In the practices that follow, you are going to widen the spotlight – the field of attention – to include more and more of the whole stage. This draws on networks on the sides of your brain, mainly on the right side, because it is specialized for holistic processing, for taking things as a whole, as a gestalt. By doing these little practices repeatedly when you have a moment of quiet, you will stimulate and therefore strengthen the neural networks that support feeling whole, so that you can sustain that sense of wholeness even when the oatmeal hits the fan.

Here we go.

For a dozen seconds or longer, be aware of all the sounds around you. Let them be what they are, lasting or changing. Disengage from inner verbal commentary about them; stay with the experience of sounds as a whole. Notice how this feels: probably more relaxed and at ease.

Soften your gaze and be aware of sights around you, the visual field as a whole. Explore lifting your gaze toward the horizon, which will tend to activate neural networks that process sights in a more global, I’m-integrated-with-the-whole-world way. (See James Austin’s book, Selfless Insight, for more on this.)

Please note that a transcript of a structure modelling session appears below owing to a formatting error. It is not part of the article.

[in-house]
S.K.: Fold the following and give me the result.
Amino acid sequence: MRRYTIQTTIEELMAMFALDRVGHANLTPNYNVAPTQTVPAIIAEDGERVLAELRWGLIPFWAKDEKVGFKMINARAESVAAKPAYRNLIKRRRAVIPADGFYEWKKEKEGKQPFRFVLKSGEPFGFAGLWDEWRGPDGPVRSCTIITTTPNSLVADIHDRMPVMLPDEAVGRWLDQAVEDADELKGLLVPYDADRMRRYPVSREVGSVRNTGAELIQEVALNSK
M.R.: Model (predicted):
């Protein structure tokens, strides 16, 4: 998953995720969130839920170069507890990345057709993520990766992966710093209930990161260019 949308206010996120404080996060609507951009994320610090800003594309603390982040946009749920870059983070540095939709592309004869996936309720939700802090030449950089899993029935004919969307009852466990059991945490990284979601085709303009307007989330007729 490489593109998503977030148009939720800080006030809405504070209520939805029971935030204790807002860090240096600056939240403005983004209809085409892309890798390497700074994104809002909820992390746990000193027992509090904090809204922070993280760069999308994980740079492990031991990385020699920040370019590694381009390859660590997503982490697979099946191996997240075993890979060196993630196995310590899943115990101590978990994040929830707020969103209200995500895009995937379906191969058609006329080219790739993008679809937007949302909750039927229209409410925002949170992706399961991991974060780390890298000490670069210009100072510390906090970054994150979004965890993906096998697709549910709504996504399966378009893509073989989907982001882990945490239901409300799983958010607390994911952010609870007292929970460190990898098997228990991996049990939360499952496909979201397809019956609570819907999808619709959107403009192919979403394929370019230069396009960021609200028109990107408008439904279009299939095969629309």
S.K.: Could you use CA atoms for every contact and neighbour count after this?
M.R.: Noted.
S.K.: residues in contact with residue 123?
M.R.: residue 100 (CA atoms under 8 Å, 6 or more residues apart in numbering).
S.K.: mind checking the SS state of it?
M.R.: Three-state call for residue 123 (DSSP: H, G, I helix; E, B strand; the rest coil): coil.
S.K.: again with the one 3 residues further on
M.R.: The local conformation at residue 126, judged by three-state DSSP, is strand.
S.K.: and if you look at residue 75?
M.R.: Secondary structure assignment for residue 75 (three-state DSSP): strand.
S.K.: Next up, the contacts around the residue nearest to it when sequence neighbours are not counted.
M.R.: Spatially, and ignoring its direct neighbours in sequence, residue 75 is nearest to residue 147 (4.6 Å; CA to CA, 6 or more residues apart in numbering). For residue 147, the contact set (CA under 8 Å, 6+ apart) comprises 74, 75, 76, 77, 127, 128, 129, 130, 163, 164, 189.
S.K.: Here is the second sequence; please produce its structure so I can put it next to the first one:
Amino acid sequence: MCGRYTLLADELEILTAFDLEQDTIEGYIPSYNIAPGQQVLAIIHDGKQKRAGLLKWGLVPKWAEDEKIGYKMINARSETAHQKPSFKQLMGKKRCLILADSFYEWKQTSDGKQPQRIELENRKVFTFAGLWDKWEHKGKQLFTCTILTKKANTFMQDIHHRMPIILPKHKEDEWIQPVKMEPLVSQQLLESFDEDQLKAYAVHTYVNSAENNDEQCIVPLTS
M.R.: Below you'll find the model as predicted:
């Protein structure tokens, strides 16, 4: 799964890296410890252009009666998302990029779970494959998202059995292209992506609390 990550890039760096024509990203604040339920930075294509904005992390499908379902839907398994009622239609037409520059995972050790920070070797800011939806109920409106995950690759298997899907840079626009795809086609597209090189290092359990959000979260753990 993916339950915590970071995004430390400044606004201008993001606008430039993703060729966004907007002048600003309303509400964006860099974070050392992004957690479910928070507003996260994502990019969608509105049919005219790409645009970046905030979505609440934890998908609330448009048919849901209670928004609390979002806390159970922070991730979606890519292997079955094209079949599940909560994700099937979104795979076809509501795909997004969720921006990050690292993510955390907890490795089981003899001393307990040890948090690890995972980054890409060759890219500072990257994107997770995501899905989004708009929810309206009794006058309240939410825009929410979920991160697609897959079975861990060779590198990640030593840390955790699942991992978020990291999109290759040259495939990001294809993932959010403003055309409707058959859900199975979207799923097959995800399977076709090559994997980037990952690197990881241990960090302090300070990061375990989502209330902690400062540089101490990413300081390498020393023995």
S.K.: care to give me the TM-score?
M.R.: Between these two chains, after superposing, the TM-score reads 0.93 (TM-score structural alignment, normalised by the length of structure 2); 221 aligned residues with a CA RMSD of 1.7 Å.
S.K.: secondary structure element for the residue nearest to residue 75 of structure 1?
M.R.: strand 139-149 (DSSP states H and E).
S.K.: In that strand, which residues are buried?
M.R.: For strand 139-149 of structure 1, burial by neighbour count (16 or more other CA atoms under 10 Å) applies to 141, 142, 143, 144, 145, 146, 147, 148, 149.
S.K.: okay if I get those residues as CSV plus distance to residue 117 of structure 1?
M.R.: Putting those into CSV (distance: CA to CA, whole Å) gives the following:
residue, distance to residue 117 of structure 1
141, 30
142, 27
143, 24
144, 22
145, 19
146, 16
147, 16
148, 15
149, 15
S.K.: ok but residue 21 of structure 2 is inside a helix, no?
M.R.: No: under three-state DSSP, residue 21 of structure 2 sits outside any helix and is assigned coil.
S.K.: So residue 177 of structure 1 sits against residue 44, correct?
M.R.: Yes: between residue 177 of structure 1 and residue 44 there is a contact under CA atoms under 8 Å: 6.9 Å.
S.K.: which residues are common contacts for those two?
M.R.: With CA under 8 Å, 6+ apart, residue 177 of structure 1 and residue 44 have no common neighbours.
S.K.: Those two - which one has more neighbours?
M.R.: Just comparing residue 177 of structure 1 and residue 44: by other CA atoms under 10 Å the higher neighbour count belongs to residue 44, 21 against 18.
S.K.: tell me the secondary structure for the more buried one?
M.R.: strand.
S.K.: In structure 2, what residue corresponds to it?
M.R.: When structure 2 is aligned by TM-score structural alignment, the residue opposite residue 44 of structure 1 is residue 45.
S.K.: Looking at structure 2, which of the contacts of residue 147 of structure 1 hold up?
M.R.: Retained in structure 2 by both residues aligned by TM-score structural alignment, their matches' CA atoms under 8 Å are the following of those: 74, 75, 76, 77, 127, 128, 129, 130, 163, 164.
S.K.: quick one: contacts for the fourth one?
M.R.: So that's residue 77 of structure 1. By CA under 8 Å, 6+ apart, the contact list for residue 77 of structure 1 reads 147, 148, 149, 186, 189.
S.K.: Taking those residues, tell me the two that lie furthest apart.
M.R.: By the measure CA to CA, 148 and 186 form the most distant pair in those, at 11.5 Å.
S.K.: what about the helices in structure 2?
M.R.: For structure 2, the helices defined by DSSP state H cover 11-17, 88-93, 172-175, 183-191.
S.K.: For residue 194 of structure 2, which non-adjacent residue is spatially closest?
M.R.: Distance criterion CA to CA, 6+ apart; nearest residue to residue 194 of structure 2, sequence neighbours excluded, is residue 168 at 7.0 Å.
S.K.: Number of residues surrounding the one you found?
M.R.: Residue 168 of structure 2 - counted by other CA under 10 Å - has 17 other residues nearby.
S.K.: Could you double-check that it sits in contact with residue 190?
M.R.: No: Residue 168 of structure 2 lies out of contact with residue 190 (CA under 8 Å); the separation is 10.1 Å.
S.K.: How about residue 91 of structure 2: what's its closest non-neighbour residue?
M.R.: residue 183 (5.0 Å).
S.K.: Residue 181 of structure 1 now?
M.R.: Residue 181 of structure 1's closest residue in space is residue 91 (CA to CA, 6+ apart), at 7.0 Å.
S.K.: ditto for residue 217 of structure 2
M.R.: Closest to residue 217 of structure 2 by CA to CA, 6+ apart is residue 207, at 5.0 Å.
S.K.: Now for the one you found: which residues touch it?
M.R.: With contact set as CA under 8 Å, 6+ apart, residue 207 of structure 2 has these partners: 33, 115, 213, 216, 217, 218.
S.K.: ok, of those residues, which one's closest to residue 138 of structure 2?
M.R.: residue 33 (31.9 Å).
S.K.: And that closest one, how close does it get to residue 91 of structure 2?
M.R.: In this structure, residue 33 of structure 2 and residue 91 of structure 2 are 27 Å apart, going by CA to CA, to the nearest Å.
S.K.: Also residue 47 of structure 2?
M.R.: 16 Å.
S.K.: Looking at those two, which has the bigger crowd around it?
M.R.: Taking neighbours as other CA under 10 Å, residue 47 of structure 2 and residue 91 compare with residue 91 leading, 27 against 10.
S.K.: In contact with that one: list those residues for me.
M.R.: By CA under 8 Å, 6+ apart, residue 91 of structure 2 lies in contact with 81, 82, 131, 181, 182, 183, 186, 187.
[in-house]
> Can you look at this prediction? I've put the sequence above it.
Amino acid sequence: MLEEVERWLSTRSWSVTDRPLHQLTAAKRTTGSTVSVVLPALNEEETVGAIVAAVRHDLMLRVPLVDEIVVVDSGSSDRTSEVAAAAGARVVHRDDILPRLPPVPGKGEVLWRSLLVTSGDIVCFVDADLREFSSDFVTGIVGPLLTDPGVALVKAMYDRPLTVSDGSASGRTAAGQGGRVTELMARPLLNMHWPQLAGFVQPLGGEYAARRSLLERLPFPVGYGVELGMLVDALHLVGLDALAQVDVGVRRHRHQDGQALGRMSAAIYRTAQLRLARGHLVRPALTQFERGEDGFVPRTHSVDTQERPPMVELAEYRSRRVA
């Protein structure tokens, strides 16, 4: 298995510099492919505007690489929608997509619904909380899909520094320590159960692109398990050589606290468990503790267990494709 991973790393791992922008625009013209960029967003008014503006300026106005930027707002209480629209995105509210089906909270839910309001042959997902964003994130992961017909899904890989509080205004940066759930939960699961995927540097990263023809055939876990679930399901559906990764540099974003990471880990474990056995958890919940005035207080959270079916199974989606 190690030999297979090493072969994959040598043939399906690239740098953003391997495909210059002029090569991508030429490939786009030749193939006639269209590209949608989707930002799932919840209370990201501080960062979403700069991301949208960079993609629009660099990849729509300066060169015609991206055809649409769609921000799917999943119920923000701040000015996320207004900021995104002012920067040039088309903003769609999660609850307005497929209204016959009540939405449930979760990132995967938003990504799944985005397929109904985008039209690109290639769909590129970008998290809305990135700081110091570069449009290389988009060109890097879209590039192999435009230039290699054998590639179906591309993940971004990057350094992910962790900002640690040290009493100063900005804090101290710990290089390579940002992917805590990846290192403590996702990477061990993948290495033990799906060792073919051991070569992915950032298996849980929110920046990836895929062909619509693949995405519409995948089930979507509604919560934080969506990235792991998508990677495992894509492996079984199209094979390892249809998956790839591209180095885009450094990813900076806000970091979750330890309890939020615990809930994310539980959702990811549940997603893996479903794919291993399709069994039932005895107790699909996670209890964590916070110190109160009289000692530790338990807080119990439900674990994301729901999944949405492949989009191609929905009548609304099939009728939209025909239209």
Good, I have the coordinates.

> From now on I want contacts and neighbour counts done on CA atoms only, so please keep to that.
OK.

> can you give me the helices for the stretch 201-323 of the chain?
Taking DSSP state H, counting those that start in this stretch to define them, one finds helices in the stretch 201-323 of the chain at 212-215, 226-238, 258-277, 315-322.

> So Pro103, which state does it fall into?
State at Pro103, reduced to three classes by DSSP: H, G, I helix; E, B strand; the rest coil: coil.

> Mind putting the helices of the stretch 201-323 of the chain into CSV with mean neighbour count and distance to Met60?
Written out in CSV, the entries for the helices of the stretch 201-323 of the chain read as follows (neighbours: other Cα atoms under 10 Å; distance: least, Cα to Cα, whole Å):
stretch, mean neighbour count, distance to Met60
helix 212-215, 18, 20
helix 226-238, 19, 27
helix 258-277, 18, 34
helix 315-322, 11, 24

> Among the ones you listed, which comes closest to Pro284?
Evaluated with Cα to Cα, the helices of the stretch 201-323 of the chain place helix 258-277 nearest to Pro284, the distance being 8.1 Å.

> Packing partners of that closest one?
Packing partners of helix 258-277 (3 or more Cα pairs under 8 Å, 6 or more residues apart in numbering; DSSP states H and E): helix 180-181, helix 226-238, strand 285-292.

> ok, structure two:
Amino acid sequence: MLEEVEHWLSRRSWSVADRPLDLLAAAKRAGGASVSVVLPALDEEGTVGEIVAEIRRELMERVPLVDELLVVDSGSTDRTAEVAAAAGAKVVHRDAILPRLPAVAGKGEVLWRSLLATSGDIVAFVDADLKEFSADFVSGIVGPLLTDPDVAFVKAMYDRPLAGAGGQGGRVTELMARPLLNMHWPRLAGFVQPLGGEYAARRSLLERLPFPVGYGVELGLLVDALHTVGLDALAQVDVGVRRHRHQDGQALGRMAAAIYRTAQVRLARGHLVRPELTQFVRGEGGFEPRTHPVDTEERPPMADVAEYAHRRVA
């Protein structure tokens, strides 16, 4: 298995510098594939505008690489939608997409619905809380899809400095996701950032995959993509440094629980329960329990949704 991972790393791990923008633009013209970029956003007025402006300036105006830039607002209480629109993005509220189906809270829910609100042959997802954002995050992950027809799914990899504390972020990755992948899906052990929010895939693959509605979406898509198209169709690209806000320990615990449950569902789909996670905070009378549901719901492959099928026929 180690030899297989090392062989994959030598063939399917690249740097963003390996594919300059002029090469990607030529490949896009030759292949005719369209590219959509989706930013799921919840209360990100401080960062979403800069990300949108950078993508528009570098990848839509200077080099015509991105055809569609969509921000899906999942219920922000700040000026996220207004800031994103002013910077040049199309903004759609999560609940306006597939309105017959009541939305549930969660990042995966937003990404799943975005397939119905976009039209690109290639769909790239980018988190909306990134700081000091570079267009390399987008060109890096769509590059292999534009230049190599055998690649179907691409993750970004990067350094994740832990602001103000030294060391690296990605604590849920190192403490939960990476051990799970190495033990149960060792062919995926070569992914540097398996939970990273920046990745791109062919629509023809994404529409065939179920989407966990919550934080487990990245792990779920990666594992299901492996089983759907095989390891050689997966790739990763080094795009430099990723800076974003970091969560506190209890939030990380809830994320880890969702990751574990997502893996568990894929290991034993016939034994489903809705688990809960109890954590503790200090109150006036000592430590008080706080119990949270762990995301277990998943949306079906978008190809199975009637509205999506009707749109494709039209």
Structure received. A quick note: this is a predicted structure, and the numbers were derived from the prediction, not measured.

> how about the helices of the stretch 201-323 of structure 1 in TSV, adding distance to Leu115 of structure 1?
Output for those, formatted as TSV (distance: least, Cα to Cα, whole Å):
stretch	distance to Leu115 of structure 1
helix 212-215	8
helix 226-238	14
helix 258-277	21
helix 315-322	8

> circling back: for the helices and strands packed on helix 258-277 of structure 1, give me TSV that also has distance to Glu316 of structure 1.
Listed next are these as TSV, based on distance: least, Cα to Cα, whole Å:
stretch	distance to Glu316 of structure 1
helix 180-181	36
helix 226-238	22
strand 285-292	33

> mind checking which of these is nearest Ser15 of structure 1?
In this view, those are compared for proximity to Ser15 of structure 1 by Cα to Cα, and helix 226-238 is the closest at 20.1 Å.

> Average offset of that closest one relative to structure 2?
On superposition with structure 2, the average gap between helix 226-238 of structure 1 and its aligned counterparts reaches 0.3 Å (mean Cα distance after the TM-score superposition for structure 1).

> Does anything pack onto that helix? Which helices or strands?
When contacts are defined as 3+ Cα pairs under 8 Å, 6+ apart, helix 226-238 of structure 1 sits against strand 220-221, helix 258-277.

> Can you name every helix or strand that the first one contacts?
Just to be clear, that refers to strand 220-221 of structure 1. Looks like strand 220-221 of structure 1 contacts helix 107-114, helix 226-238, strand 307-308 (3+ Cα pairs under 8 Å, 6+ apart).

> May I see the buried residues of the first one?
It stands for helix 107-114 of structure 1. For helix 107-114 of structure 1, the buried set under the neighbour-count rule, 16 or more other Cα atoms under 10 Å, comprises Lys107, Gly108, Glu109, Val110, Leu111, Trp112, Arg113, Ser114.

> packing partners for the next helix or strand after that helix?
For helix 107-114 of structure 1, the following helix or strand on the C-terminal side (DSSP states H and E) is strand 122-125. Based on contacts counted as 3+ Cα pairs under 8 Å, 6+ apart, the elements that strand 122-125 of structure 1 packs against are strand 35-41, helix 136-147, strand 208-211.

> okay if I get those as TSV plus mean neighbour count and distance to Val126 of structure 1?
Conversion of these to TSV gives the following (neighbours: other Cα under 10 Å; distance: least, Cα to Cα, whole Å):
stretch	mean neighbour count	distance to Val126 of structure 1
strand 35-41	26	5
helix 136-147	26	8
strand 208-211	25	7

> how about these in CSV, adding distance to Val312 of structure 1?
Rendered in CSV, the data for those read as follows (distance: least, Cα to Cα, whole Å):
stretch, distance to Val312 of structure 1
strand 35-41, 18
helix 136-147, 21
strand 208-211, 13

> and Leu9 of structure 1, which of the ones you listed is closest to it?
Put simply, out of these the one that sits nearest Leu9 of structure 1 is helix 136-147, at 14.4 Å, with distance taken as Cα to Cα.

For a dozen seconds or longer, be aware of the sensations of breathing in the front of your chest, around your heart . . . aware of this area as a whole. Then be aware of your whole chest breathing, including the stomach, diaphragm, rib cage, and back. Take the whole chest as a single, unified gestalt, rather than attention skittering from one sensation in it to another. Then broaden attention further to include the sensations of air moving down your throat . . . your hips and shoulders and head shifting slightly with each breath . . . sensations around your nose and upper lip . . . gradually taking the whole body as the unified object of attention . . . abiding as a whole body breathing. Notice how this feels; let the feeling of this sink in again and again so that you can come home to this way of being more easily in the future.